Mike Kane for NPR
Your body’s first reaction to a plunge in chilly water is the “cold shock” response. Your heart rate jumps. Stress hormones spike. You gasp suddenly, and may hyperventilate.
Your reward if you stay in long enough to endure these initial excruciating moments? You start to shiver.
To the uninitiated, it may not be obvious why the practice of cold plunging has attracted a huge following in recent years.
But those who’ve embraced the cold water craze — be that in a frigid lake, the ocean, or an ice bath in their backyard — frequently describe powerful, even transformative effects on their state of mind and sense of wellbeing.
“Any anxiety, anything I’m struggling with, it’s gone and when I come out of the water — I’ve left it in the water,” says Audrey Nassal during a recent Sunday morning dip at a Seattle beach. It’s one of the gatherings put on by the Puget Sound Plungers, a group of several thousand who regularly take to the frigid waters of the Pacific Northwest.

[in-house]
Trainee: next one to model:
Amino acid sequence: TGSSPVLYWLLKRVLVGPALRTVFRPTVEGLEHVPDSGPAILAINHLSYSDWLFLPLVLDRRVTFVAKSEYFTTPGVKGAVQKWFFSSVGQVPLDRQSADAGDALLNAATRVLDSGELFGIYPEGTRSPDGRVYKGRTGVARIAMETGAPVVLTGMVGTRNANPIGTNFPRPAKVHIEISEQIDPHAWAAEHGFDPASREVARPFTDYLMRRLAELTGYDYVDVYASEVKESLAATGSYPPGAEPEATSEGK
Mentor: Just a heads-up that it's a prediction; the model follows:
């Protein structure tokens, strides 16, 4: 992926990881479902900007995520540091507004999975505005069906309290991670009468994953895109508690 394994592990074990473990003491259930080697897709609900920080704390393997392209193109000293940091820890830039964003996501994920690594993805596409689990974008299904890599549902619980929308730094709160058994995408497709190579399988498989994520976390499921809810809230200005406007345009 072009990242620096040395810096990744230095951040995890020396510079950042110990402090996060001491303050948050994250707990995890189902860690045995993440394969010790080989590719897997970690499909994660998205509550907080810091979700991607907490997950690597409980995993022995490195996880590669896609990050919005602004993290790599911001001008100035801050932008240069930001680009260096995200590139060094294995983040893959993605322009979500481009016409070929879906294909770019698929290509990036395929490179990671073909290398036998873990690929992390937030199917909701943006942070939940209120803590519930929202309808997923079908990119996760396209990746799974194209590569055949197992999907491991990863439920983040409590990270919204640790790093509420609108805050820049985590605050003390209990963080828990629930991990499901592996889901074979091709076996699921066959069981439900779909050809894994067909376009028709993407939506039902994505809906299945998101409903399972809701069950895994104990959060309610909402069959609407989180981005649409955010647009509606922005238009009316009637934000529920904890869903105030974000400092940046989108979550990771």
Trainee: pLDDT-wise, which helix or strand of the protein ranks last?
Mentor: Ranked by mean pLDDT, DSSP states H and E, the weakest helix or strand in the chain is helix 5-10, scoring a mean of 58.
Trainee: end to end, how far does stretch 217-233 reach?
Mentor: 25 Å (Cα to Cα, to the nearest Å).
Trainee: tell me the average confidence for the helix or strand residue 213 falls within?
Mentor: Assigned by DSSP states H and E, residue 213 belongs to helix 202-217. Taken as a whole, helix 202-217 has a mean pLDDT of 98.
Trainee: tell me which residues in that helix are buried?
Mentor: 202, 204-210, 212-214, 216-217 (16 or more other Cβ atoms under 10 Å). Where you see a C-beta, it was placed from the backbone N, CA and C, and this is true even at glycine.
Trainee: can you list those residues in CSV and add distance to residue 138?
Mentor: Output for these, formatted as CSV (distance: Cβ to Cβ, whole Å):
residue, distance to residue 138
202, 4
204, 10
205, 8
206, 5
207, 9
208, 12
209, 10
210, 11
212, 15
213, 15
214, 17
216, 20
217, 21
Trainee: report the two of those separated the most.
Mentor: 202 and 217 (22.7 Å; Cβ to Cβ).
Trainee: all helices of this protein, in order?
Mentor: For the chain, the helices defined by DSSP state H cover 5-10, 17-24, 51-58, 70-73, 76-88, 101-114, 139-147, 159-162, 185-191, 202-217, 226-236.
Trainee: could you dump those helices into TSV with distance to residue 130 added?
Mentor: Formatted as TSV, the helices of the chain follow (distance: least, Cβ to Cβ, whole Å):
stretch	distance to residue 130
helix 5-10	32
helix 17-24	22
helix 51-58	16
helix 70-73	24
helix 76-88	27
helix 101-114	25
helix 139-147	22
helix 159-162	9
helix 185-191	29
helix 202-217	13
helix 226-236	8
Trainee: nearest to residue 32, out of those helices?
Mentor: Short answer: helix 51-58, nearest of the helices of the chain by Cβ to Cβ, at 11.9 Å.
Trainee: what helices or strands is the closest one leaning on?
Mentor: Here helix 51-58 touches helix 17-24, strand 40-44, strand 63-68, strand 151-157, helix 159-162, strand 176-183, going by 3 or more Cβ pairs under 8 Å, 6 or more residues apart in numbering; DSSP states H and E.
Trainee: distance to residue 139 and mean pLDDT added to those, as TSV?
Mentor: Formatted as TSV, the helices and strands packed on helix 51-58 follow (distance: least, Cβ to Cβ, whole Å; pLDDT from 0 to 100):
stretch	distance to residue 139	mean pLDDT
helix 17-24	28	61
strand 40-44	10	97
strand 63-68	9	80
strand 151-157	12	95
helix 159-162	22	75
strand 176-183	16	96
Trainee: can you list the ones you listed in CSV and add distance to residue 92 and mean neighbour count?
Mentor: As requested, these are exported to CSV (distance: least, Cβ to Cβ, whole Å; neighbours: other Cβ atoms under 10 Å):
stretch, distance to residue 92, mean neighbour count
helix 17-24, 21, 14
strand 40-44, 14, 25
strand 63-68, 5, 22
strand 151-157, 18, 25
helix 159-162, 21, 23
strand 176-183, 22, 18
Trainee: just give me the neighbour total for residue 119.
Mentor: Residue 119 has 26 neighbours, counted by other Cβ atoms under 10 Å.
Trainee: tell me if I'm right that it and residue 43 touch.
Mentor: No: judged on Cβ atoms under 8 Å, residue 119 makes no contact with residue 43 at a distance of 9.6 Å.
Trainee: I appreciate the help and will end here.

Riley Swortz, who’s bobbing next to Nassal, says she revels in the moment her body stops recoiling from the shock. “There’s a point where it’s no longer cold anymore,” she says, “This calm washes over you and I feel like that lasts for at least a few days.”
Groups like this one have popped up in cold water spots around the U.S. and the world.
Mike Kane for NPR
The massive popularity of the trend – with social media awash in half-frozen torsos and some devotees shelling out thousands of dollars for high-end cold plunge tubs – has in turn inspired demand for rigorous scientific evidence.
“I never expected this to take that direction,” says François Haman, who has studied cold exposure for more than two decades. “We’ve got a lot of catching up to do.”
When he first started off, Haman, a professor at the University of Ottawa, found himself in a sparsely-populated discipline. The research agenda tended to focus on the risks